SOUTH BEND, Ind. (CBS/AP) Notre Dame quarterback Dayne Crist is being hailed as a hard-headed hero after the 20-year-old brushed off a crushing helmet hit and led his team on a 71-yard scoring drive. He even pounded the last yard into the end zone himself.
Only after the score did he tell the team's doctors that the hit had blinded him in one eye and made him groggy.
"After I initially took the hit, I tried to shake it off," he said. "But then physically I could not see ... It was blurry to the point where I couldn't see anything out of my right eye."
That can be very dangerous, especially long term, says Dr. Ann McKee, associate professor of neuropathology at Boston University and a leading expert on traumatic brain injuries in sports.
"A concussion does not have to mean loss of consciousness. It could be seeing stars or momentary dizziness," she told CBS News. "Any individual who is suspected of having one should be removed from the game and not allowed to return" until a doctor says it is safe to play again.
Crist sat out the rest of the first half. Team doctors eventually said he did not have a concussion and cleared him to play after his vision cleared. In the second half, Crist led his team to another 17 points, although they lost the game.
Crist said Wednesday he's fully recovered and not worried about being hurt again. He said he is ready for Saturday night's game at Michigan State (2-0).
But McKee says it's exactly these kinds of hits that can lead to long-term brain injury.
"If they go back in when the concussion hasn't completely healed, they could have second impact syndrome. A handful of kids die every year from second impact syndrome," she says. "We found the beginnings of brain disease in high school players who had had three or four concussions. That makes us think that in some individuals it could start early in life - in high school and collegiate athletes."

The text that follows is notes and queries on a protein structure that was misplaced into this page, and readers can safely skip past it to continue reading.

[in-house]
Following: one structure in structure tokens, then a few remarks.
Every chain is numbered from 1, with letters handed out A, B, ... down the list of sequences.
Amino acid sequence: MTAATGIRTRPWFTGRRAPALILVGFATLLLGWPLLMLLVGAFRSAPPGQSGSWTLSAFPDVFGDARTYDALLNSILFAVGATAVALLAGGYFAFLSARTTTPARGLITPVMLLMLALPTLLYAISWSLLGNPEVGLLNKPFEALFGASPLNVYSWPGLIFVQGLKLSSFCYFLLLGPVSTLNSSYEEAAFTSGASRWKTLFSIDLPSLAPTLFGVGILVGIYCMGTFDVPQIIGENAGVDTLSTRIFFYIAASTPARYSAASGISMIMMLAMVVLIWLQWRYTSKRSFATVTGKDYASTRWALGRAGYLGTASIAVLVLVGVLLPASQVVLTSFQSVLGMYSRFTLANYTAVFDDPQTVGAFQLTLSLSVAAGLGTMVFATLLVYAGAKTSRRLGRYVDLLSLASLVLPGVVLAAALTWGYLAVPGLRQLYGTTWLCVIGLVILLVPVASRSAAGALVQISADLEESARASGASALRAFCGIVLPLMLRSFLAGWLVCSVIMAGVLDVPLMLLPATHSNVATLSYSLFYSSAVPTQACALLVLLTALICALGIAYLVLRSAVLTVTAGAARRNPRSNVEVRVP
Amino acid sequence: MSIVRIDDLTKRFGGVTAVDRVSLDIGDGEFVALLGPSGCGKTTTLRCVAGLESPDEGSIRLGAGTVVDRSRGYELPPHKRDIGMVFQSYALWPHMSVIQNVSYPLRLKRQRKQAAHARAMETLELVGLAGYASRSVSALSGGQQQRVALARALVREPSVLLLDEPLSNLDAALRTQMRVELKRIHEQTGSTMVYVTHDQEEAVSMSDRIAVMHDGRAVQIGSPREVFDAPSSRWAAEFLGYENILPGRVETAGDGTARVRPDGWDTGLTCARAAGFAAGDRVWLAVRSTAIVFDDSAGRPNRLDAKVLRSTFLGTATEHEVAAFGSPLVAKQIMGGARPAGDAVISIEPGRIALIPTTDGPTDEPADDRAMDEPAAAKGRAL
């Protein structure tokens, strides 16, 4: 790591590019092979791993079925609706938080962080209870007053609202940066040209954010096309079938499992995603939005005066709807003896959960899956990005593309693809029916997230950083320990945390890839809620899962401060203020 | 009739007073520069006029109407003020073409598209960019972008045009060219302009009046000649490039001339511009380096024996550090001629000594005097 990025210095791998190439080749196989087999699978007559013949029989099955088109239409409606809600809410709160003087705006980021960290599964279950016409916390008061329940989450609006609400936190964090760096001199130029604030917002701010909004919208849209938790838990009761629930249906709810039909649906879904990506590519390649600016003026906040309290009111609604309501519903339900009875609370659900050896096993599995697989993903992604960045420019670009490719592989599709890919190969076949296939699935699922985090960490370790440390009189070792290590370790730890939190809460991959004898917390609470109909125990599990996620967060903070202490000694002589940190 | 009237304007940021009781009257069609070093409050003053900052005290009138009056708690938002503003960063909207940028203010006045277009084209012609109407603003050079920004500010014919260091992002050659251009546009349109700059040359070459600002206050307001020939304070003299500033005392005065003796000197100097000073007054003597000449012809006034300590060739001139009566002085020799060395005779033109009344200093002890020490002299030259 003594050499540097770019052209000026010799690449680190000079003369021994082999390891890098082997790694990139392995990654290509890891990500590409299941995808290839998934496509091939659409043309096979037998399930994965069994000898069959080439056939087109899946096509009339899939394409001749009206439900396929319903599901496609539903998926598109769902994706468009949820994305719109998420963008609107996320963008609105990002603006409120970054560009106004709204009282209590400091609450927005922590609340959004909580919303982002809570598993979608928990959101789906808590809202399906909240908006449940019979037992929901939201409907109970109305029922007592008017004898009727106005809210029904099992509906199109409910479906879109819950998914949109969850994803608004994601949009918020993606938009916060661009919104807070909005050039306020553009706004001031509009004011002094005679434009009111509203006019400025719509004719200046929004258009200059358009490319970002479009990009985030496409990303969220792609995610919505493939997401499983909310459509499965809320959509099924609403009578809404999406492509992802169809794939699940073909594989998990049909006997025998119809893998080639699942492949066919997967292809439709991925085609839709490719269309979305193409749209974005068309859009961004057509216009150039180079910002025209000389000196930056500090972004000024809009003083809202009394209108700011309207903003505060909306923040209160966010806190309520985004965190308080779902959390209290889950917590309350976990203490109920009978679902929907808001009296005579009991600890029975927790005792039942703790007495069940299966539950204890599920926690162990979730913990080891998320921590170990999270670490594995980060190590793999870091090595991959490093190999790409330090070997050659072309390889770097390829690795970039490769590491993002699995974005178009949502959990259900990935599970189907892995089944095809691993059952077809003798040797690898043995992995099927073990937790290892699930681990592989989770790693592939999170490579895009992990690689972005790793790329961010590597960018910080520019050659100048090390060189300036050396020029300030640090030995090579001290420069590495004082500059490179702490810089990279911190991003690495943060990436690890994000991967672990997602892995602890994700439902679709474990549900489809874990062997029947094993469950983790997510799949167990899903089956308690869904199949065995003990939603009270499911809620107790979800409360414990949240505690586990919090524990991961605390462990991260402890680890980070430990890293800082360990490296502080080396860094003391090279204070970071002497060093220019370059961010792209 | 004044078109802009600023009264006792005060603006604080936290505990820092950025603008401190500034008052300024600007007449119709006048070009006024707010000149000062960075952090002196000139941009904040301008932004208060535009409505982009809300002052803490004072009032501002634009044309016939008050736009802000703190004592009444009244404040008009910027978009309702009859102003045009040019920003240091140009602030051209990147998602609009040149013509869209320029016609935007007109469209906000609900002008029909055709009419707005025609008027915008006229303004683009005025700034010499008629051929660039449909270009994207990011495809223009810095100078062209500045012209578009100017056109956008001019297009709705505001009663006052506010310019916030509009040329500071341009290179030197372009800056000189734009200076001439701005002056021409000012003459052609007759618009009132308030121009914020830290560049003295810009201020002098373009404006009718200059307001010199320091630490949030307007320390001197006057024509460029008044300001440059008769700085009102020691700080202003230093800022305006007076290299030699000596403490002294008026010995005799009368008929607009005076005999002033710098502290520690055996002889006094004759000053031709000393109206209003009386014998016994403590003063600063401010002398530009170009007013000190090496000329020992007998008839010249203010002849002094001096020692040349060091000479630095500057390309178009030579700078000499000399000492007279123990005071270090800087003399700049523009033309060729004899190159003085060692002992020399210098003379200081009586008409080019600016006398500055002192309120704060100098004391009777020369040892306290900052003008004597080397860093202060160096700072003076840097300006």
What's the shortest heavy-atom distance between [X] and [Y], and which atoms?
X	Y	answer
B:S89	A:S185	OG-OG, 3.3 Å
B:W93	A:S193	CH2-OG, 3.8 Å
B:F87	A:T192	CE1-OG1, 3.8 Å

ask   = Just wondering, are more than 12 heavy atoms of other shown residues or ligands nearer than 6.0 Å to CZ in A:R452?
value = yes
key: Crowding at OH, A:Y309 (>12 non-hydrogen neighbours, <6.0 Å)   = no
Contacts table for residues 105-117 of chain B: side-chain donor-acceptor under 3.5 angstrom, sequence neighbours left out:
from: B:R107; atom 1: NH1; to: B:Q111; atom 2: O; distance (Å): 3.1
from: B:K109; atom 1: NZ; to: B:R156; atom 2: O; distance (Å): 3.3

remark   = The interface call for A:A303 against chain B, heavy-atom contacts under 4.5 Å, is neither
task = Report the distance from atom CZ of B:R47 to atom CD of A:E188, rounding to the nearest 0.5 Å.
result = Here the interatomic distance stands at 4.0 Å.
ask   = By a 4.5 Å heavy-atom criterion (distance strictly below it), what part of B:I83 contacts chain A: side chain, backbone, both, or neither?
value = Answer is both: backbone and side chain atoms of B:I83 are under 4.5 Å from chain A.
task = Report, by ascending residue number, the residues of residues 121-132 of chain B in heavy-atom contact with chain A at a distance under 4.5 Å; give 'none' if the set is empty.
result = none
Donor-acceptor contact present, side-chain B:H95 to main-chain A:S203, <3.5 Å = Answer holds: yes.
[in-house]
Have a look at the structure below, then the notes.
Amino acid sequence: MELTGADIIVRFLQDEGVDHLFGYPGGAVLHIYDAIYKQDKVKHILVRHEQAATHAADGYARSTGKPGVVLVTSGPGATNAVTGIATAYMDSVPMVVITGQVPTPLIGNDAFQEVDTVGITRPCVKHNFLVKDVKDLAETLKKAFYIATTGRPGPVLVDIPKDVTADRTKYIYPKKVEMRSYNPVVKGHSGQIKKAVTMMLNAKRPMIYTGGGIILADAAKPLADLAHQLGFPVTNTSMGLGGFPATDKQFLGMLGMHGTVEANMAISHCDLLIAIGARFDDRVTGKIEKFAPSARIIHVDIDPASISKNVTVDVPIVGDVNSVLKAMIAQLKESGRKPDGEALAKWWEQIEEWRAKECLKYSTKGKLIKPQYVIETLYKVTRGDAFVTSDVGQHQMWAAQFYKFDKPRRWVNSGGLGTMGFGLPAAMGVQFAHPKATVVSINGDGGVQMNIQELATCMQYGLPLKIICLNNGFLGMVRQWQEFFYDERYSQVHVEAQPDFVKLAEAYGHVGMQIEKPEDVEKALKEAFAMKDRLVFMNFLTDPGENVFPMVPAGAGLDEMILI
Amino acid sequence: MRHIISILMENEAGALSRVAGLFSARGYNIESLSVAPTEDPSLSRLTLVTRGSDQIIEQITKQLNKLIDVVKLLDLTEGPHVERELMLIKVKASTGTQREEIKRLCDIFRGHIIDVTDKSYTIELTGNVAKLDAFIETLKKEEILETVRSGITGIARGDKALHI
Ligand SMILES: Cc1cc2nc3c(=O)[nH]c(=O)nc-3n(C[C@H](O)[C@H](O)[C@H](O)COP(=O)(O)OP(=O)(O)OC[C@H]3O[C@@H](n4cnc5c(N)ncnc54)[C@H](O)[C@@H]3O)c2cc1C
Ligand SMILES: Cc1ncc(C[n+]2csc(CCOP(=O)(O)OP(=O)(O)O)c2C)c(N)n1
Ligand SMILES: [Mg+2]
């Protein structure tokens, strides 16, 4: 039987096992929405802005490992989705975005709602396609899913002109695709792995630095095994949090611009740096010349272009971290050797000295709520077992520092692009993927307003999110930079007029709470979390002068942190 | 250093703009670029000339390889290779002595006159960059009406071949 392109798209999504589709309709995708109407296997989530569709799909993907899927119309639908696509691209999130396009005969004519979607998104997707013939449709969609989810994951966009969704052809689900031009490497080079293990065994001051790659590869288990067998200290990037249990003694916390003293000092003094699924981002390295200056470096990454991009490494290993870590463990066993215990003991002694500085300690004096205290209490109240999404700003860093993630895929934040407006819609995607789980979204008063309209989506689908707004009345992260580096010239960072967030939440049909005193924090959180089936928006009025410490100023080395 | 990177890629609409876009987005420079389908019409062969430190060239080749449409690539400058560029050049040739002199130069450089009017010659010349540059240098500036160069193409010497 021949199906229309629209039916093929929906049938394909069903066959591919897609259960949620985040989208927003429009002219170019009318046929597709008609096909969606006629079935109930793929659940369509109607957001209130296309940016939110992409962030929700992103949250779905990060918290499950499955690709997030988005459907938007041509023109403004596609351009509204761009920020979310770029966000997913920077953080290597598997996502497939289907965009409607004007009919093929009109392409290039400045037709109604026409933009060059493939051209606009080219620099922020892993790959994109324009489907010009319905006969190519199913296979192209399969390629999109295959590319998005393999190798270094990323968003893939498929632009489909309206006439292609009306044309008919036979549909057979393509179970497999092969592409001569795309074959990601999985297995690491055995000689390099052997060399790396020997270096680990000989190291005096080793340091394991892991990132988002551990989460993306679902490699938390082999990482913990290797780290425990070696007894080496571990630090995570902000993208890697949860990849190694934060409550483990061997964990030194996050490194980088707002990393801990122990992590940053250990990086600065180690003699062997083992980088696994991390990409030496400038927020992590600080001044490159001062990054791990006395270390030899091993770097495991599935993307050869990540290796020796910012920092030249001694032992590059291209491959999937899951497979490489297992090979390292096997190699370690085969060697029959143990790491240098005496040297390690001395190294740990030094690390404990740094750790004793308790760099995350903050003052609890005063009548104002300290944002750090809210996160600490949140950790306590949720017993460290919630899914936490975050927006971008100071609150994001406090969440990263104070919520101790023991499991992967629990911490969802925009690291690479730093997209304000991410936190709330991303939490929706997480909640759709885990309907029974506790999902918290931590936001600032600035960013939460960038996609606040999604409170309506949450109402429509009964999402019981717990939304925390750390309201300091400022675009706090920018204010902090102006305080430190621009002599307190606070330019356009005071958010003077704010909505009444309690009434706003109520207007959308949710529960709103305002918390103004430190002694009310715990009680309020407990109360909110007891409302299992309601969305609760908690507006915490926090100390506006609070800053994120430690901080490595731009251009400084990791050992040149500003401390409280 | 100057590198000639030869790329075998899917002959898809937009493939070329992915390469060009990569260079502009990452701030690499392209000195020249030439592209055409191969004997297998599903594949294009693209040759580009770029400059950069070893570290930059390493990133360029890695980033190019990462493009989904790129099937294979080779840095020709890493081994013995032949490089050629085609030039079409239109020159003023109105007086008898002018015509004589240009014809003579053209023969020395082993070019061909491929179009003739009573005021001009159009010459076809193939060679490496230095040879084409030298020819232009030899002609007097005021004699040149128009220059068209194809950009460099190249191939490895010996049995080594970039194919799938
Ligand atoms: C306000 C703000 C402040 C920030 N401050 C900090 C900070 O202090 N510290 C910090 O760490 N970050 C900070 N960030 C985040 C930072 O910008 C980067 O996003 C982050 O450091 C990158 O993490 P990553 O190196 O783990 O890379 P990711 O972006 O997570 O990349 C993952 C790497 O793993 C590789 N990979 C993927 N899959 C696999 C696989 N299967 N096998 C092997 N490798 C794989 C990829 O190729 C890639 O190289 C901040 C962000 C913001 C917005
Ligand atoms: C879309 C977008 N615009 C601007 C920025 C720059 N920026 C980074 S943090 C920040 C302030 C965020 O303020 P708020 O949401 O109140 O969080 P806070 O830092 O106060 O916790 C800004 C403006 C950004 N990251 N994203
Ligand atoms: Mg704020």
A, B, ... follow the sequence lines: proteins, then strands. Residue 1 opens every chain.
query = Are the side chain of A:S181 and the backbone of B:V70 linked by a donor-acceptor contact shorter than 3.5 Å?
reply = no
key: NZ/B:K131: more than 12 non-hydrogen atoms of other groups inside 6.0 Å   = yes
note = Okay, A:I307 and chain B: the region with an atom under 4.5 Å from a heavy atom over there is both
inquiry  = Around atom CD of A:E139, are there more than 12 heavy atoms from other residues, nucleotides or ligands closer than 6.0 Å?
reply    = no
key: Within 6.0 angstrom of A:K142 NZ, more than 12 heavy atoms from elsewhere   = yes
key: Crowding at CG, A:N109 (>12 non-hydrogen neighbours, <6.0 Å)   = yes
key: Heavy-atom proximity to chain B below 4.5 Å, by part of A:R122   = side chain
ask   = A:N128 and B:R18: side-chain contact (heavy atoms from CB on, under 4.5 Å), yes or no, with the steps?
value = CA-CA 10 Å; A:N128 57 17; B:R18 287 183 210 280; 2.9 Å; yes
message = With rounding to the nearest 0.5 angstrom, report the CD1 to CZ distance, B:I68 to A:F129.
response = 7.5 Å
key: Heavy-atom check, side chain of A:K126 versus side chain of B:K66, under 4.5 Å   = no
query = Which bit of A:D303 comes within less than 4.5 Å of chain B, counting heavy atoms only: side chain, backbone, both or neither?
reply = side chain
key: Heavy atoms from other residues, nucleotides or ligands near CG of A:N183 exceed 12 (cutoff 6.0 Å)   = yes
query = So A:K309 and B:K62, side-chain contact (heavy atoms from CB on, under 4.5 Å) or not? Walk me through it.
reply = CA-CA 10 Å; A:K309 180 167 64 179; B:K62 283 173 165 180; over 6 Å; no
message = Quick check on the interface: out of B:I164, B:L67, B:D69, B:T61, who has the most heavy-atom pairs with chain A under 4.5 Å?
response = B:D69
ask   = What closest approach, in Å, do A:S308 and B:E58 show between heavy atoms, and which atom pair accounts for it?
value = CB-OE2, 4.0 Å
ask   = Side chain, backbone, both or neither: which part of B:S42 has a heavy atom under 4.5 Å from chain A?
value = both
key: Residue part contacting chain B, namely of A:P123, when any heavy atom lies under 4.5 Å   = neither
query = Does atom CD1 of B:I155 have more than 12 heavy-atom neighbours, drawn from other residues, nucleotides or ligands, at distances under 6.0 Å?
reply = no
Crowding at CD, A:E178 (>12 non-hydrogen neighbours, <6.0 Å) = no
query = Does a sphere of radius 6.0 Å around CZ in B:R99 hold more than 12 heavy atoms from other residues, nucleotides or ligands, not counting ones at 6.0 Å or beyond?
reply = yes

Crist had a concussion in high school.
"The next thing I remember was waking up in bed the next morning, so I don't have a lot of recollection of that one," Crist said.
Just last month, a team of Boston researchers led by McKee, published a study which said athletes and soldiers found to have Lou Gehrig's disease might in fact be suffering from long-term effects of concussions and brain trauma.
Lou Gehrig's disease, also known as amyotrophic lateral sclerosis (ALS) is characterized by a long decline into full paralysis and eventually death.
The baseball player it is named after was famous for his on-field heroics in the face of serious injuries including concussions.
Let's hope Crist is not that type of hero.
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